The 5 Things You Should Know About Cooking Venison


Deer-hunting season is wrapping up, so your freezer should be filling up with venison. Now is time to plan meals that call for the season's best red meat and learn how to cook with venison.

When prepared correctly, venison's flavor, texture, and health benefits surpass any other red meat. Venison is lower in fat and cholesterol and higher in Vitamin B6, B12, and Omega 3 fatty acids, too. I cook it five nights a week, along with heirloom produce from our garden, for my husband and our seven children. As the author of three field-to-table cookbooks and the website, my passion is sharing recipes and tips for how to cook venison and for harvesting and preparing other foods from the field, garden, and the chicken coop.

Here are the five things every cook should know about how to cook venison:

1. Don't overcook it. The number one mistake people make when preparing venison is that they overcook it, rendering the meat rubbery and gamey. Tender cuts of venison should be served rare or medium rare unless you are braising it or mixing it with pork to add more fat.

2. Match the cut of meat to the cooking method for the most tender results. Naturally tender cuts like loins and tenderloin take well to high heat grilling, pan searing, or stuffing and trussing and should be served rare to medium rare. Here's my recipe for how to cook Chili Cocoa Crusted Venison Loin.

Tougher muscles from the shoulder, shank or neck should be braised or stewed slow and low. Try this soup with lentils, venison, and sausage.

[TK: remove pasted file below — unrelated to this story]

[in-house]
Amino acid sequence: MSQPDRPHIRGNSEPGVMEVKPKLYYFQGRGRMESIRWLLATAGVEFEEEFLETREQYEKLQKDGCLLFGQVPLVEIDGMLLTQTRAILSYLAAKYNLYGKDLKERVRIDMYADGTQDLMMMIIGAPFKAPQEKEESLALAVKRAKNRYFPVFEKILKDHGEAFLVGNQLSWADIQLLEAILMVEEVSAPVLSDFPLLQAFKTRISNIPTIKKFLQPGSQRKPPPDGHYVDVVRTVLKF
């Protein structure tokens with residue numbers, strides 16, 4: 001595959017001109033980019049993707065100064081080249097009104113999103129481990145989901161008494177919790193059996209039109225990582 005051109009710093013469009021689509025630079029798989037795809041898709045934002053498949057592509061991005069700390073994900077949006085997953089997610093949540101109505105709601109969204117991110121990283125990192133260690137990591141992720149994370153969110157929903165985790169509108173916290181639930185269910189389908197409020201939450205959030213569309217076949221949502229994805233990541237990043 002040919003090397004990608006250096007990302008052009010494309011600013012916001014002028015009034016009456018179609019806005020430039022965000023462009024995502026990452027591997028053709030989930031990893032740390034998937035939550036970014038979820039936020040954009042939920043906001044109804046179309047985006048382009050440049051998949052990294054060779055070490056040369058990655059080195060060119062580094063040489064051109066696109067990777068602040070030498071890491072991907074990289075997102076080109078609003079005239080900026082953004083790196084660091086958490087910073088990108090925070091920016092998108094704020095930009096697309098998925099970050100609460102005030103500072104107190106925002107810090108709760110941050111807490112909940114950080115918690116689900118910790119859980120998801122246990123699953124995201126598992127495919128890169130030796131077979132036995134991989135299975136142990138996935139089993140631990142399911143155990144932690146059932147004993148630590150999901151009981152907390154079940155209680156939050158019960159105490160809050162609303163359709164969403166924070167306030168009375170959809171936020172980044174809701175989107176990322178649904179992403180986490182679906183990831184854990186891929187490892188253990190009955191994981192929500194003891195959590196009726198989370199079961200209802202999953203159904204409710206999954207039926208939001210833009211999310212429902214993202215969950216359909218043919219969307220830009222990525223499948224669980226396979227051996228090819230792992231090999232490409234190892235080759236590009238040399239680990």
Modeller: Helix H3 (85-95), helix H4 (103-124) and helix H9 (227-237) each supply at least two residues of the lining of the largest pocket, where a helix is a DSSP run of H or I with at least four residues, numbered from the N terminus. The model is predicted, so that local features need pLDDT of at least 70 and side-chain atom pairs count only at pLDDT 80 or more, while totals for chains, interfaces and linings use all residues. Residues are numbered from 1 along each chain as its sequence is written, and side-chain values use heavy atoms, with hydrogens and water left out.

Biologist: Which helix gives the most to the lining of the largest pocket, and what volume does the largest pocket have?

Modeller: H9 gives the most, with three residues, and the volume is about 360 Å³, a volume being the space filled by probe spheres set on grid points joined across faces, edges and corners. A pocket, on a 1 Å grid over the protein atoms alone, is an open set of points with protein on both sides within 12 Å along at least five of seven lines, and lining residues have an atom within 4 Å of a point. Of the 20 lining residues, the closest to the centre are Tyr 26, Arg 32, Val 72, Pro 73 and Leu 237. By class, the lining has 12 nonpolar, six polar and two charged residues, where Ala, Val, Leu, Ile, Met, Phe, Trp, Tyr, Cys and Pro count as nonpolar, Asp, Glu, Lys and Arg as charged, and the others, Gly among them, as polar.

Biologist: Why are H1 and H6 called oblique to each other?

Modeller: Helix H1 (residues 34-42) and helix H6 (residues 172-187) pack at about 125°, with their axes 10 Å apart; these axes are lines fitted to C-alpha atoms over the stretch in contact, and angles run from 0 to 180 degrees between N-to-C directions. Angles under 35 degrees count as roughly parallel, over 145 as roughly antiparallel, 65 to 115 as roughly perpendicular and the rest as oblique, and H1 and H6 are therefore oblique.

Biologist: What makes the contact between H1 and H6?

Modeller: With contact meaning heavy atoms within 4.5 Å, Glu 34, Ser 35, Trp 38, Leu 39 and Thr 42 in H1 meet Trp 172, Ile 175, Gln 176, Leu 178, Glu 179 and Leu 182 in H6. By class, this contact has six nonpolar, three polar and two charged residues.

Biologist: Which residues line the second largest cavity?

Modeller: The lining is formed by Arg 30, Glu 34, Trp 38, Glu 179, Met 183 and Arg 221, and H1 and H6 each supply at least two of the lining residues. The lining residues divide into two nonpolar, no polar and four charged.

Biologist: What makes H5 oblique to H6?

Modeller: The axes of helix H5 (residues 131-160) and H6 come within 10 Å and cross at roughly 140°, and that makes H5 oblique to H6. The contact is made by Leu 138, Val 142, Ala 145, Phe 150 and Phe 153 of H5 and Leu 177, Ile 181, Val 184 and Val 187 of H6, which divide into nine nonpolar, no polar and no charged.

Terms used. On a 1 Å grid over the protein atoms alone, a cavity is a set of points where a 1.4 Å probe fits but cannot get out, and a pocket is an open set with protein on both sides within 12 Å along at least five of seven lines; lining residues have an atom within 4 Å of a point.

The hindquarter cut is incredibly versatile and can be cut into steaks, tenderized, and cooked just like the loin; cut into cubes for low and slow method; use it in sauces; cut into strips across the grain and used in salads, fajitas, burritos, or on sandwiches. I also cut the hindquarter into 1-inchthick steaks, pound them, bread and pan-fry them to make Parmesan Venison, Country Fried Steak or Venison Scaloppine.

Venison Scaloppine.

3. Venison is not corn-fed beef. Don't substitute it in beef recipes. Deer have less fat and marbling than corn-fed beef. The upside is flavor; deer forage on grass, herbs, acorns, among other plants, while cattle eat a corn and grain-based diet. This depth of flavor is why many of the top restaurants charge such high prices for venison on their menus.

4. Use dry rubs and marinades. Most of my dry rubs contain salt and also coffee or ginger, which break down the enzymes in the meat, tenderizing it without making it mushy like some of the other tenderizers do. Marinades rely on acids such as wine, vinegar, or lemon or lime juice to denature the proteins. I marinate in a zip top bag for easy clean up.

5. How to age your venison. If you are using a processor to process your deer meat, he or she has probably already aged the meat for you. Ask them about their methods. At home, I prefer dry aging venison before freezing it. To dry age, refrigerate the meat on a rack set over a pan at steady temperature of 34 to 37 degrees for at least seven days and up to 14 days. To wet age, thaw the meat in the refrigerator in its vacuum-sealed packaging, and refrigerate it for up to 14 days in the refrigerator.

Stacy Pilgreen-Harris is the author of the blog Game and Garden and three books including Recipes and Tips for Sustainable Living.

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